More Eloquence From Mother

Everyone seemed to enjoy reading my mother’s commentary as much as I, so here are a few observations about summer, which is on us with a vengeance right now. I’ve left punctuation as is. She omitted commas, periods, and caps when she was writing fast.

Mother was living in New York, paying a visit to her parents while my dad was in the service when she wrote, “July 14, 1945. a Saturday morning:  The rambler roses fading, the pink ones getting a gray-white in colour and the red ones growing pink-white, a dirty colour.”

Around the same time in undated notes for Country Place: “… in the summer in the middle of July – rambler roses fading, the orange lillies and the bluebells and white phlox out – the ivy around the bird baths – and the grass lush and green from much rain.”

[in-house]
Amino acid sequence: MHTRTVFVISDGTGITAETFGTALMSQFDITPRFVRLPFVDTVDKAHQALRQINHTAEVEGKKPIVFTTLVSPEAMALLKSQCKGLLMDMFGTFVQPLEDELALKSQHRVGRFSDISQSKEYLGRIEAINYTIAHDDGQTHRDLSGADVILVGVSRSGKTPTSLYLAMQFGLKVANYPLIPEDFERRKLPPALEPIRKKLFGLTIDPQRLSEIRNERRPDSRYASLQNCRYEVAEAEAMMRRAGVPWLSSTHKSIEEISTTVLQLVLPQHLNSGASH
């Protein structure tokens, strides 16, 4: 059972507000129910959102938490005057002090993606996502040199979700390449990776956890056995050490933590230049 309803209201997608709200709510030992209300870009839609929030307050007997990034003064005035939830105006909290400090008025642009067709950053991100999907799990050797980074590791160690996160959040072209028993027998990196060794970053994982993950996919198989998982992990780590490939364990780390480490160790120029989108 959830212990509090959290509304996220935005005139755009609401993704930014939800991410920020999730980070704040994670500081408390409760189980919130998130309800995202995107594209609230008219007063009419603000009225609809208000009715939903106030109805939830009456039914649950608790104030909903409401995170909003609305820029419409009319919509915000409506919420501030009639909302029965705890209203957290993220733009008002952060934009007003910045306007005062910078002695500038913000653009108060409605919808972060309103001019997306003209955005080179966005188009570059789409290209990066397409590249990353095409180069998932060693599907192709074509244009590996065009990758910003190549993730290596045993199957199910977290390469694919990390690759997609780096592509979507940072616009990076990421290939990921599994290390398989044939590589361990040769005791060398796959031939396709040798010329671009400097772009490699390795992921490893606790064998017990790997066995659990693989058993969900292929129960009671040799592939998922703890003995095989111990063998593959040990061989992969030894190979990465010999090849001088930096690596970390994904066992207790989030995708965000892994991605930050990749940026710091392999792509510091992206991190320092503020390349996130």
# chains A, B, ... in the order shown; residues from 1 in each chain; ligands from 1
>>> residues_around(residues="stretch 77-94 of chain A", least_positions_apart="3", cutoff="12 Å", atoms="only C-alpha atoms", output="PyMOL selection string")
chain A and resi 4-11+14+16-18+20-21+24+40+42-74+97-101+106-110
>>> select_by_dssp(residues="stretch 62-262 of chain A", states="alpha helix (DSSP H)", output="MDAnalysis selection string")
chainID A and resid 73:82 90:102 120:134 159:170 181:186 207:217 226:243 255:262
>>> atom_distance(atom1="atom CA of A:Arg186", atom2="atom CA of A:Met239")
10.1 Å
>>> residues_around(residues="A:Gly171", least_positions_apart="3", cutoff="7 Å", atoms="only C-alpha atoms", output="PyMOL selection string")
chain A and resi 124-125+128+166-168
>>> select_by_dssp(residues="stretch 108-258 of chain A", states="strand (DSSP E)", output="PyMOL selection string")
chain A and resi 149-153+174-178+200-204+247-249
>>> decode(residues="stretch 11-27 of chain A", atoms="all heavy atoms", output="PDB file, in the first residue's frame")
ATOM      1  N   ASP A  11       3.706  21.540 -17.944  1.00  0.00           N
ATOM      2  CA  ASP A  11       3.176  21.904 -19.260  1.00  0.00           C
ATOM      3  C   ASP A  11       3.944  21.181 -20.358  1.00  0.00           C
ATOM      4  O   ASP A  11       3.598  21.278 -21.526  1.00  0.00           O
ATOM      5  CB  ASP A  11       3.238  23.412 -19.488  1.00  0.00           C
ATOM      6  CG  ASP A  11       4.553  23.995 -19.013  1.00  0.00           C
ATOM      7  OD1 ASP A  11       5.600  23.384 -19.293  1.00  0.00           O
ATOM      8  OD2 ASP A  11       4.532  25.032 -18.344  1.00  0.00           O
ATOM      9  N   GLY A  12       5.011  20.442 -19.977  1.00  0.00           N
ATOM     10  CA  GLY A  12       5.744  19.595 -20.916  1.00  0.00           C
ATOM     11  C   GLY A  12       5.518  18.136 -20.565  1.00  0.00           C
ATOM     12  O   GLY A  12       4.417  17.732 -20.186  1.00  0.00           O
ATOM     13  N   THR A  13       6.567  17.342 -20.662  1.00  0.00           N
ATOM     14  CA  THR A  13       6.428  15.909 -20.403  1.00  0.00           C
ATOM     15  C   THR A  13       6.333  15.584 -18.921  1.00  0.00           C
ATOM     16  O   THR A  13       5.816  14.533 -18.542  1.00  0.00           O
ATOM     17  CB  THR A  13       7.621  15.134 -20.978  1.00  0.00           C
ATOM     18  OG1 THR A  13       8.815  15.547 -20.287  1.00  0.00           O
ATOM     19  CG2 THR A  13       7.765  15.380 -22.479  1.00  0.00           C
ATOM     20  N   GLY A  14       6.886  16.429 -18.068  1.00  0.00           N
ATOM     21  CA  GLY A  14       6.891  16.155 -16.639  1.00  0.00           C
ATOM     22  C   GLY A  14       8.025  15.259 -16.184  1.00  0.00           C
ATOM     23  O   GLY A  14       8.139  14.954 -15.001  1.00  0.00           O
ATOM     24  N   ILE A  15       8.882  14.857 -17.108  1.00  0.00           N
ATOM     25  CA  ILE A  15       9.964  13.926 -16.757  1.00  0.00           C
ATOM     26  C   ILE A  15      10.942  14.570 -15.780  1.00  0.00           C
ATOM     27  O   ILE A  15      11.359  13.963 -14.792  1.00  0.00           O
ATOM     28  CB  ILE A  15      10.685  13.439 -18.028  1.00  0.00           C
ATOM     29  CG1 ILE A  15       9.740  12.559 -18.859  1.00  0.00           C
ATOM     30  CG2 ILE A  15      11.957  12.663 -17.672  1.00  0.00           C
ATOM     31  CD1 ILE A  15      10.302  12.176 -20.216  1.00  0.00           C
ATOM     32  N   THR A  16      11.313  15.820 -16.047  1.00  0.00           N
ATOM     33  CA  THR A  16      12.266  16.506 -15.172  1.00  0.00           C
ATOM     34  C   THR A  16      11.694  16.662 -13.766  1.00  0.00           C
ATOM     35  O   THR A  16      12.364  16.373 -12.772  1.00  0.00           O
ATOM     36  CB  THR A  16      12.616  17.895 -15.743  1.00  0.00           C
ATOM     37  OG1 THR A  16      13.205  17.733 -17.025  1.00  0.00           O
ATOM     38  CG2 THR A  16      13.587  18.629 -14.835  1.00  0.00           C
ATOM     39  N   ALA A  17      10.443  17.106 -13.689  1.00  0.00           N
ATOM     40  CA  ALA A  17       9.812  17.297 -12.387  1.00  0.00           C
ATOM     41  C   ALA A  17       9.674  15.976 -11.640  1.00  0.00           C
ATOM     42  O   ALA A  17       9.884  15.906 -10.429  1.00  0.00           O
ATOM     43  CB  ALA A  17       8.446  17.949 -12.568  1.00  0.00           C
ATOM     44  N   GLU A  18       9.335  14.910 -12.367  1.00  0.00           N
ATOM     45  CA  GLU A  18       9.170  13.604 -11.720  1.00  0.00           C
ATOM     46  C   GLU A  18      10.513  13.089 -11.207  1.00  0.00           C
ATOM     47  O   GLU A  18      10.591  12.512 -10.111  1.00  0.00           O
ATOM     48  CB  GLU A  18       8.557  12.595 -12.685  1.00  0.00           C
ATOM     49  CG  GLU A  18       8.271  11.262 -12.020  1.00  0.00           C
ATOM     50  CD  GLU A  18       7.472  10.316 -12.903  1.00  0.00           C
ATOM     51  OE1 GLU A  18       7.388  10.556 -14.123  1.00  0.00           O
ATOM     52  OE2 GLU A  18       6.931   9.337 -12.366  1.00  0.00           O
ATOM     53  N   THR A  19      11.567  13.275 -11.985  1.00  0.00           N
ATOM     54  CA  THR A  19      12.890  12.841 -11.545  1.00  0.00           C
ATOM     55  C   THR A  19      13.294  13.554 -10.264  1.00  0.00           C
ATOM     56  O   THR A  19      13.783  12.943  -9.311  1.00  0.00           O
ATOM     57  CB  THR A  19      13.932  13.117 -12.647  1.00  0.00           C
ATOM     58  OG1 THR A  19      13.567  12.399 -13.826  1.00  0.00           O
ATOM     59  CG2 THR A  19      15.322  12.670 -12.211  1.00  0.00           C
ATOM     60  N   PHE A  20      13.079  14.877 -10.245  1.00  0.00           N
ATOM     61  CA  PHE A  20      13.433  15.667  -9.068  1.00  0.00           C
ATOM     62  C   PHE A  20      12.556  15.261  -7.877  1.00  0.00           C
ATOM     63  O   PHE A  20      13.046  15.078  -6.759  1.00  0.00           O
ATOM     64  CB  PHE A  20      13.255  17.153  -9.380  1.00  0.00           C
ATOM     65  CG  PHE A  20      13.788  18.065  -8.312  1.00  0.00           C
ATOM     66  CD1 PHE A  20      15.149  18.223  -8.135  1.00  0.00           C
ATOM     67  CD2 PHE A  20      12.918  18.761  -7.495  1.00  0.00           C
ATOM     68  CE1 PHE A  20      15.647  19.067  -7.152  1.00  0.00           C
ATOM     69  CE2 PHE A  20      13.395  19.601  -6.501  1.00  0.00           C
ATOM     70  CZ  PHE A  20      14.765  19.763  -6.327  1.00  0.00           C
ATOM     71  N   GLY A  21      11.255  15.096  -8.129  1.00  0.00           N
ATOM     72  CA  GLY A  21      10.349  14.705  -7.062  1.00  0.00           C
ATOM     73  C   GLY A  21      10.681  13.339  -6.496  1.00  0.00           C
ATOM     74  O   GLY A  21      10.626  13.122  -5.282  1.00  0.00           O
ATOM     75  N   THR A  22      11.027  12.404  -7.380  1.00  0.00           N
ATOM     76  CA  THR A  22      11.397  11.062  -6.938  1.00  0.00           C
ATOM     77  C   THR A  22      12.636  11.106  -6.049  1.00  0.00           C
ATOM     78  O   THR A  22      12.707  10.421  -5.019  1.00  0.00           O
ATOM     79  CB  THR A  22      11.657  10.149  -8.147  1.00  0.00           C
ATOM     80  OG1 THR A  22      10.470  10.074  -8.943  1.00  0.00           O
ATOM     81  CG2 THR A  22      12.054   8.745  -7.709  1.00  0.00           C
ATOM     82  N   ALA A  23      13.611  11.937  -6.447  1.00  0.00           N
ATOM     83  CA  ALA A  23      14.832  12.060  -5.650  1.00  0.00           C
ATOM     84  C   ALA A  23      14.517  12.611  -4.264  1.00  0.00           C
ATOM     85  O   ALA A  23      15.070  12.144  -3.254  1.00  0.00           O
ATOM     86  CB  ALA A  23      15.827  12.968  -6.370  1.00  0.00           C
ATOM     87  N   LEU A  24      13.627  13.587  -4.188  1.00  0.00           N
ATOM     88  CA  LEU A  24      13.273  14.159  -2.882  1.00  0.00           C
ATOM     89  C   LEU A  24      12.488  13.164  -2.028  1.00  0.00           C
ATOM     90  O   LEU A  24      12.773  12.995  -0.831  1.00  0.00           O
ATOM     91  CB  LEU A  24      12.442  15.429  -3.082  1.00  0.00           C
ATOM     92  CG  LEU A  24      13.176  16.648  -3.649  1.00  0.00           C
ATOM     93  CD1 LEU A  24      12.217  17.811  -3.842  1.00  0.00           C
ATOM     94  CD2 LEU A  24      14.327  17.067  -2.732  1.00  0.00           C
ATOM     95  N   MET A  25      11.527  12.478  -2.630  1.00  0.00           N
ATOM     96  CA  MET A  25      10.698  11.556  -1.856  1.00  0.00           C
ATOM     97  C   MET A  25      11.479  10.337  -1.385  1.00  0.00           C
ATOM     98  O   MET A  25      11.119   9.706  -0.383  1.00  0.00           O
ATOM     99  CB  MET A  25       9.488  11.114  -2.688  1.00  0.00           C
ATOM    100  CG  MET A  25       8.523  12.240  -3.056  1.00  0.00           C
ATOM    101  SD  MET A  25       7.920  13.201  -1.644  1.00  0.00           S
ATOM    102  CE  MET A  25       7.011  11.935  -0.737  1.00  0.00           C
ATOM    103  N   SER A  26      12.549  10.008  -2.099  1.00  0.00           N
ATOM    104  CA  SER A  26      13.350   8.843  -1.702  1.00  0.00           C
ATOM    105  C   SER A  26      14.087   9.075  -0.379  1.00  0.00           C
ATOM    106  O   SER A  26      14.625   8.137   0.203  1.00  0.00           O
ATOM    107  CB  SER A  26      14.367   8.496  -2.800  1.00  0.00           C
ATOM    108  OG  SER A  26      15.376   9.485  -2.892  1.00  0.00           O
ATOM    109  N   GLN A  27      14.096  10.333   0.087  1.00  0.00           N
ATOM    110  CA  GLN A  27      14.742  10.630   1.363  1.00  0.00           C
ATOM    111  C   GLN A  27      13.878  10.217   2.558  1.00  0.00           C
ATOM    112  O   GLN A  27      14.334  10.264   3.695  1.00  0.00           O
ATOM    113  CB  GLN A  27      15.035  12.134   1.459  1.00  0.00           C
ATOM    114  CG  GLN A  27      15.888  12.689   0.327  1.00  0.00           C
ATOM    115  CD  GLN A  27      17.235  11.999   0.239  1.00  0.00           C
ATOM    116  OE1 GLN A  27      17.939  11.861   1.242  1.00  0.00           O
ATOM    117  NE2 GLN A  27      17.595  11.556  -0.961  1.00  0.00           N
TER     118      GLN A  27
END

Regarding the commencement exercises at Trinity College where she received an honorary doctorate: “Wednesday – May 26, 1993 even the weather was in a celebratory mood – it was a wonderful day.”

Wednesday, Aug. 4, 1993: “ this weather [‘pea soup fog’ … humidity so high that the air seems to impede my breathing – should say lack of air] is not conducive to much activity.”

Tuesday, Aug. 2, 1994: “so – this is another one of those hot humid days – might as well get used to them – drink a lot of H2O – take a couple of naps – read and write – and if sufficiently ambitious will weed the terrace and clip around the terrace.”

Wednesday, July 17, 1996: “hot enough to fry a mackerel in the middle of the street – even at this hour – it’s now 9:00 a.m.” I second that emotion.

P.S. from Liz: It’s 8 p.m. and at least one tornado hit some miles north of here. Reading Mother’s accounts of summer in Old Saybrook is making me sweat, so perhaps I’ll switch to descriptions of blizzards and sub-zero temps and return to the hot zone in the winter.

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